That large amount of open water is also expected to continue a pattern of increasingly warm autumns off Alaska, he said.

The declaration of a minimum is preliminary, the NSIDC said. A shift in wind patterns or some sort of late melt could reduce the total ice extent again, the center said.

A green Arctic

Earth’s northern landscapes are greening.

Using satellite images to track global tundra ecosystems over decades, a new study found the Arctic region has become greener, as warmer air and soil temperatures lead to increased plant growth.

“The Arctic tundra is one of the coldest biomes on Earth, and it’s also one of the most rapidly warming,” said Logan Berner, a global change ecologist with Northern Arizona University in Flagstaff, who led the recent research. “This Arctic greening we see is really a bellwether of global climatic change – it’s a biome-scale response to rising air temperatures.”

The study (Logan T. Berner, Richard Massey, Patrick Jantz, Bruce C. Forbes, Marc Macias-Fauria, Isla Myers-Smith, Timo Kumpula, Gilles Gauthier, Laia Andreu-Hayles, Benjamin V. Gaglioti, Patrick Burns, Pentti Zetterberg, Rosanne D’Arrigo, Scott J. Goetz, Summer warming explains widespread but not uniform greening in the Arctic tundra biome, Nature Communications, 2020; 11 (1) DOI: 10.1038/s41467-020-18479-5), published this week in Nature Communications, is the first to measure vegetation changes spanning the entire Arctic tundra, from Alaska and Canada to Siberia, using satellite data from Landsat, a joint mission of NASA and the U.S. Geological Survey (USGS). Other studies have used the satellite data to look at smaller regions, since Landsat data can be used to determine how much actively growing vegetation is on the ground. Greening can represent plants growing more, becoming denser, and/or shrubs encroaching on typical tundra grasses and moss.

When the tundra vegetation changes, it impacts not only the wildlife that depend on certain plants, but also the people who live in the region and depend on local ecosystems for food. While active plants will absorb more carbon from the atmosphere, the warming temperatures could also be thawing permafrost, thereby releasing greenhouse gasses. The research is part of NASA’s Arctic Boreal Vulnerability Experiment (ABoVE), which aims to better understand how ecosystems are responding in these warming environments and the broader social implications.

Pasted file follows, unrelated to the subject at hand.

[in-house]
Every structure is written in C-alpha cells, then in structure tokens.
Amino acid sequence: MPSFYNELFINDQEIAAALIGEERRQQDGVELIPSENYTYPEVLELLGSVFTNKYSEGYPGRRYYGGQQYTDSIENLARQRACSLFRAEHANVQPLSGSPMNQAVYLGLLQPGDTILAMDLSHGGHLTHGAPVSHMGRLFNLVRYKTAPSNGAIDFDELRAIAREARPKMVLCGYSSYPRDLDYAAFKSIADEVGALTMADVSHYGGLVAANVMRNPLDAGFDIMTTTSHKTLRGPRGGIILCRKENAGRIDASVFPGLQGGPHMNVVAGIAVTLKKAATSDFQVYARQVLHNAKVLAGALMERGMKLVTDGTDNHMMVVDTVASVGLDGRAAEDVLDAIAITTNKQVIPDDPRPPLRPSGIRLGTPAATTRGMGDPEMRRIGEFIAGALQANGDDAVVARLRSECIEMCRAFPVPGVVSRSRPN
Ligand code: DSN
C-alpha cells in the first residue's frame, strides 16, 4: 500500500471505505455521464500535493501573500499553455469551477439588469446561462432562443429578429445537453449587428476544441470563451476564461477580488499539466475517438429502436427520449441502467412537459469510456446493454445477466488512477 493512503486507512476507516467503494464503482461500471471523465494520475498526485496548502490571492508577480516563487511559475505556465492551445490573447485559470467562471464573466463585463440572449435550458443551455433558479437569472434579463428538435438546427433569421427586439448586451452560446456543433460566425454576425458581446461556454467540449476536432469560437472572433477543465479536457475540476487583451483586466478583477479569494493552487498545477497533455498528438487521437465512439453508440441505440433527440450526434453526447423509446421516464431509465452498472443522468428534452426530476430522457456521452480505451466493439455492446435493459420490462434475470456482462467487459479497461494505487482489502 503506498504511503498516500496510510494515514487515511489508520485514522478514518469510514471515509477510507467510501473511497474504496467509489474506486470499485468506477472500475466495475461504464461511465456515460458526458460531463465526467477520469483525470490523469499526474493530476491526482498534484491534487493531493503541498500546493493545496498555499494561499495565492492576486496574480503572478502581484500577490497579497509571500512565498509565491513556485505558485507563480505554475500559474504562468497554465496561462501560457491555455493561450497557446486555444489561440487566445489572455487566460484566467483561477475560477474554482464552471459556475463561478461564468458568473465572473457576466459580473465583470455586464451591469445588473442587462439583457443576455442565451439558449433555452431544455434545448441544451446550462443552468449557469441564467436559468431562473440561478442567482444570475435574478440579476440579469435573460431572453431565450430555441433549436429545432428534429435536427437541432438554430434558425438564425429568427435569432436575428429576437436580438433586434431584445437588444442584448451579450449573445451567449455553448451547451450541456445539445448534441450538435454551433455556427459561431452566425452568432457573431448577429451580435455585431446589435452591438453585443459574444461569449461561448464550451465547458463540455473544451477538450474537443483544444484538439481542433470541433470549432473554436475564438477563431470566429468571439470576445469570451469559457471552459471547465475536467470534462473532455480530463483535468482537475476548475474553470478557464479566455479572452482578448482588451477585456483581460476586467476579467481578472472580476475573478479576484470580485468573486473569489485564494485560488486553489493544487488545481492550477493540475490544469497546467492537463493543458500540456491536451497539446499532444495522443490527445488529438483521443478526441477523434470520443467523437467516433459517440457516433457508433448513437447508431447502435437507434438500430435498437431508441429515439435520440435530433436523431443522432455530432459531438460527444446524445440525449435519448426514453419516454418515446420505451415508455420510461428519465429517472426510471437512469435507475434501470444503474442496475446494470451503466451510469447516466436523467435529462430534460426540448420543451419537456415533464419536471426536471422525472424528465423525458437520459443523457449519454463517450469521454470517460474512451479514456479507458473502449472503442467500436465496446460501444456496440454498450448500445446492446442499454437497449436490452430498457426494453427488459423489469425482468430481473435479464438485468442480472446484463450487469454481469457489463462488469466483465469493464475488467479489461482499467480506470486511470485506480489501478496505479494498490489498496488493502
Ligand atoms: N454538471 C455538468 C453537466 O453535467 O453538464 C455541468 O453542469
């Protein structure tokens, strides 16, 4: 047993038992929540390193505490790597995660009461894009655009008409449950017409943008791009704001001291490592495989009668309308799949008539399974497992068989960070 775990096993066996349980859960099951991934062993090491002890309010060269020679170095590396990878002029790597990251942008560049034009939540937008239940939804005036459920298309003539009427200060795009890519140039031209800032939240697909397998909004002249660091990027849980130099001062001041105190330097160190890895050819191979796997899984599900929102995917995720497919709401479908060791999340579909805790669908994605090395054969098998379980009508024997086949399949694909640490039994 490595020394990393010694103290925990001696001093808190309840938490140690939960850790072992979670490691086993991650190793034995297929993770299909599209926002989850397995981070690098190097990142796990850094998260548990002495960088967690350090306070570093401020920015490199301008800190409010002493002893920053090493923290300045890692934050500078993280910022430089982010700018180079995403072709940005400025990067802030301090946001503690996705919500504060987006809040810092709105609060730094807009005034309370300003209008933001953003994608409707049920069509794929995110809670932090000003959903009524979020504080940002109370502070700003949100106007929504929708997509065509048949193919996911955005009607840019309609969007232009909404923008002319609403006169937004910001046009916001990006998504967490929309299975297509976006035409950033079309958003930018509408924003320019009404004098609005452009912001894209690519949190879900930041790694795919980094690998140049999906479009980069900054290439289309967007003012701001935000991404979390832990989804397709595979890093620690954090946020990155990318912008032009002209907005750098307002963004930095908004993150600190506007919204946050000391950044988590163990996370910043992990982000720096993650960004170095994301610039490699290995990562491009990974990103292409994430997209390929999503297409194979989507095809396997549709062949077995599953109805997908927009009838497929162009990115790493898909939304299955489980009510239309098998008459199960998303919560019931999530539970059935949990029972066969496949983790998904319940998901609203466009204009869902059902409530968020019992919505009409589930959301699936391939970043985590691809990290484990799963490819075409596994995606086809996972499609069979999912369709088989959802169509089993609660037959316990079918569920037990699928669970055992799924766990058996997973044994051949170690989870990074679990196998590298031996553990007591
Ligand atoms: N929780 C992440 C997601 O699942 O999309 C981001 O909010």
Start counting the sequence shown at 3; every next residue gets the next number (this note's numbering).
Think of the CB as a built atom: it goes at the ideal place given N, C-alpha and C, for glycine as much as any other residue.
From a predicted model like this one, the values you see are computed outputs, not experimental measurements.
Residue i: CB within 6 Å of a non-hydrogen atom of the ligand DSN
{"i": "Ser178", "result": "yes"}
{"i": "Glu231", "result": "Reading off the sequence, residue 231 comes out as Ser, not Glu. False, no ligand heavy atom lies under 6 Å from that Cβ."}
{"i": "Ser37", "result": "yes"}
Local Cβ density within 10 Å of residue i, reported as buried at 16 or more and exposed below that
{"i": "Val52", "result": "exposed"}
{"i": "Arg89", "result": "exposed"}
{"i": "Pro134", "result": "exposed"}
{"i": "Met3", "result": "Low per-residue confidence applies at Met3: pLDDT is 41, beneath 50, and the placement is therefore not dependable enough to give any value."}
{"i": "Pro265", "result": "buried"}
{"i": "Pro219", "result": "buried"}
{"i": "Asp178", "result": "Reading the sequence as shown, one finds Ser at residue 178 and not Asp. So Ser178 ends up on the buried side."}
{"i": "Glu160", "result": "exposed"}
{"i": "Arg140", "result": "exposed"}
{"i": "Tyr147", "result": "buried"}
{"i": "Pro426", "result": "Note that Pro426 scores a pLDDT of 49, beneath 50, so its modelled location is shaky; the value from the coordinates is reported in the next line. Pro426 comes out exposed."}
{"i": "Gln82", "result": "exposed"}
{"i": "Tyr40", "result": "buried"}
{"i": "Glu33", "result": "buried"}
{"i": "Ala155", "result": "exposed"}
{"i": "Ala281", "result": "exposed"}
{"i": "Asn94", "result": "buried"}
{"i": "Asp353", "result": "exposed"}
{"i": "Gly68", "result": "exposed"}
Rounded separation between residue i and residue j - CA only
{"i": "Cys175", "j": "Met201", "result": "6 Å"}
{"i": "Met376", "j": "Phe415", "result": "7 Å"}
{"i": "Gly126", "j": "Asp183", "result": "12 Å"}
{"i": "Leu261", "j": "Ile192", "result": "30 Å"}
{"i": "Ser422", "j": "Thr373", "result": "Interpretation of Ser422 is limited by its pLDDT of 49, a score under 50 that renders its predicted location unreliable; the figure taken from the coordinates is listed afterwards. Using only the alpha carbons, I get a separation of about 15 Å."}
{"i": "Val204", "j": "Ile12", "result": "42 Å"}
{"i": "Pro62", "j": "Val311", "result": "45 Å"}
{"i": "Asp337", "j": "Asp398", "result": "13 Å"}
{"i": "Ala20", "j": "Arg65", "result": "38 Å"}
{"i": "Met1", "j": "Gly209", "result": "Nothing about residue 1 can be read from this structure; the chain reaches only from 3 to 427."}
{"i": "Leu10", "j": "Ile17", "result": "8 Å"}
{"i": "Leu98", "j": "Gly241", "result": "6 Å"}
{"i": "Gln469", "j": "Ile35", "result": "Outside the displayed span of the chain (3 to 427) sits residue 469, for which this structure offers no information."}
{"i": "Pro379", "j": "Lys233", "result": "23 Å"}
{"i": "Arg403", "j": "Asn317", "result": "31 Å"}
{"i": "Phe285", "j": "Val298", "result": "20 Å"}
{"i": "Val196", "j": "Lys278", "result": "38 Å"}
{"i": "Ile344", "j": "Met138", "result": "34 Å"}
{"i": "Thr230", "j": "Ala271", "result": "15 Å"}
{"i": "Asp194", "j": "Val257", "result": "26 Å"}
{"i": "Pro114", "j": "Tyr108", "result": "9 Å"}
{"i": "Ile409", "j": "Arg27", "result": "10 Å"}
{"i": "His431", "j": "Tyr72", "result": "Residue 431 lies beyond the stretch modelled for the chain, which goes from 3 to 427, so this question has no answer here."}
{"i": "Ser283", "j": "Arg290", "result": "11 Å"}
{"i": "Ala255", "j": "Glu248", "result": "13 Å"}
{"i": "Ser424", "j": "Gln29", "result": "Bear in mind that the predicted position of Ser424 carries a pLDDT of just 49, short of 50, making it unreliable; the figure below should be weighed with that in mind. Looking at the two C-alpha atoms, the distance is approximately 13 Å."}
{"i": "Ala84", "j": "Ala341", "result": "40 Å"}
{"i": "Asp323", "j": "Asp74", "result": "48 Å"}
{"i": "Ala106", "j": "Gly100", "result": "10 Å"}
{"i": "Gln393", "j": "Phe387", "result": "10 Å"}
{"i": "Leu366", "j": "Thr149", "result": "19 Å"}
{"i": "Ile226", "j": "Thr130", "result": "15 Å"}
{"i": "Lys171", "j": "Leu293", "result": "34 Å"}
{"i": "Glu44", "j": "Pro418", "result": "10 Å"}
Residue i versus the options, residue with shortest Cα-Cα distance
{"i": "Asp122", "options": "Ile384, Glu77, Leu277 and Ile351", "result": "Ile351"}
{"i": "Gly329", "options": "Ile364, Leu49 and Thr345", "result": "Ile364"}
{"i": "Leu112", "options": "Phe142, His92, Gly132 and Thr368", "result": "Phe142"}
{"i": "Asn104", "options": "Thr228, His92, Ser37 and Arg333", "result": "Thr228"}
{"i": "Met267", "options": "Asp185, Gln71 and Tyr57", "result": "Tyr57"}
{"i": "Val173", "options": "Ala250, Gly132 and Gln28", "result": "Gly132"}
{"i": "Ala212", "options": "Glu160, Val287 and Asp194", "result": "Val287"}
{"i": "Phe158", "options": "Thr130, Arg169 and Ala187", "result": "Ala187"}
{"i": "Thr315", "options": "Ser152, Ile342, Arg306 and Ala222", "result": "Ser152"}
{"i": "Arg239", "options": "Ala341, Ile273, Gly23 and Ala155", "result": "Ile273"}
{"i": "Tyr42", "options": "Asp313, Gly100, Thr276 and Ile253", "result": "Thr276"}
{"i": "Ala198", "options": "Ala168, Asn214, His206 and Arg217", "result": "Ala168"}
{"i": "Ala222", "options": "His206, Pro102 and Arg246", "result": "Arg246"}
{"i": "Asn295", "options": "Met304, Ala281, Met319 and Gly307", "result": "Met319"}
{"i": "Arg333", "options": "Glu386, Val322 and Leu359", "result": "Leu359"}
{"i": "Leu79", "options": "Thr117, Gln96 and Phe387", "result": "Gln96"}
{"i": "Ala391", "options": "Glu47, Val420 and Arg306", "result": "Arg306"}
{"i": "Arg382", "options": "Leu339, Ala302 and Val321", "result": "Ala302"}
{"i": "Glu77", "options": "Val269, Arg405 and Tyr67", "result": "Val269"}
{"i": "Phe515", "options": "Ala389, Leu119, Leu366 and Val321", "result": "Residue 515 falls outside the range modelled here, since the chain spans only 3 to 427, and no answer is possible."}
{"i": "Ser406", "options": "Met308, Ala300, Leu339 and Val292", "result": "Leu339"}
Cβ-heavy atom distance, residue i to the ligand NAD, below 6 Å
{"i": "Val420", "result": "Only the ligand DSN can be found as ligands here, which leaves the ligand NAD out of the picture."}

Berner and his colleagues used the Landsat data and additional calculations to estimate the peak greenness for a given year for each of 50,000 randomly selected sites across the tundra. Between 1985 and 2016, about 38% of the tundra sites across Alaska, Canada, and western Eurasia showed greening. Only 3% showed the opposite browning effect, which would mean fewer actively growing plants. To include eastern Eurasian sites, they compared data starting in 2000, when Landsat satellites began regularly collecting images of that region. With this global view, 22% of sites greened between 2000 and 2016, while 4% browned.

“Whether it’s since 1985 or 2000, we see this greening of the Arctic evident in the Landsat record,” Berner said. “And we see this biome-scale greening at the same time and over the same period as we see really rapid increases in summer air temperatures.”

The scientists compared these greening patterns with other factors, and found that it’s also associated with higher soil temperatures and higher soil moisture. They confirmed these findings with plant growth measurements from field sites around the Arctic.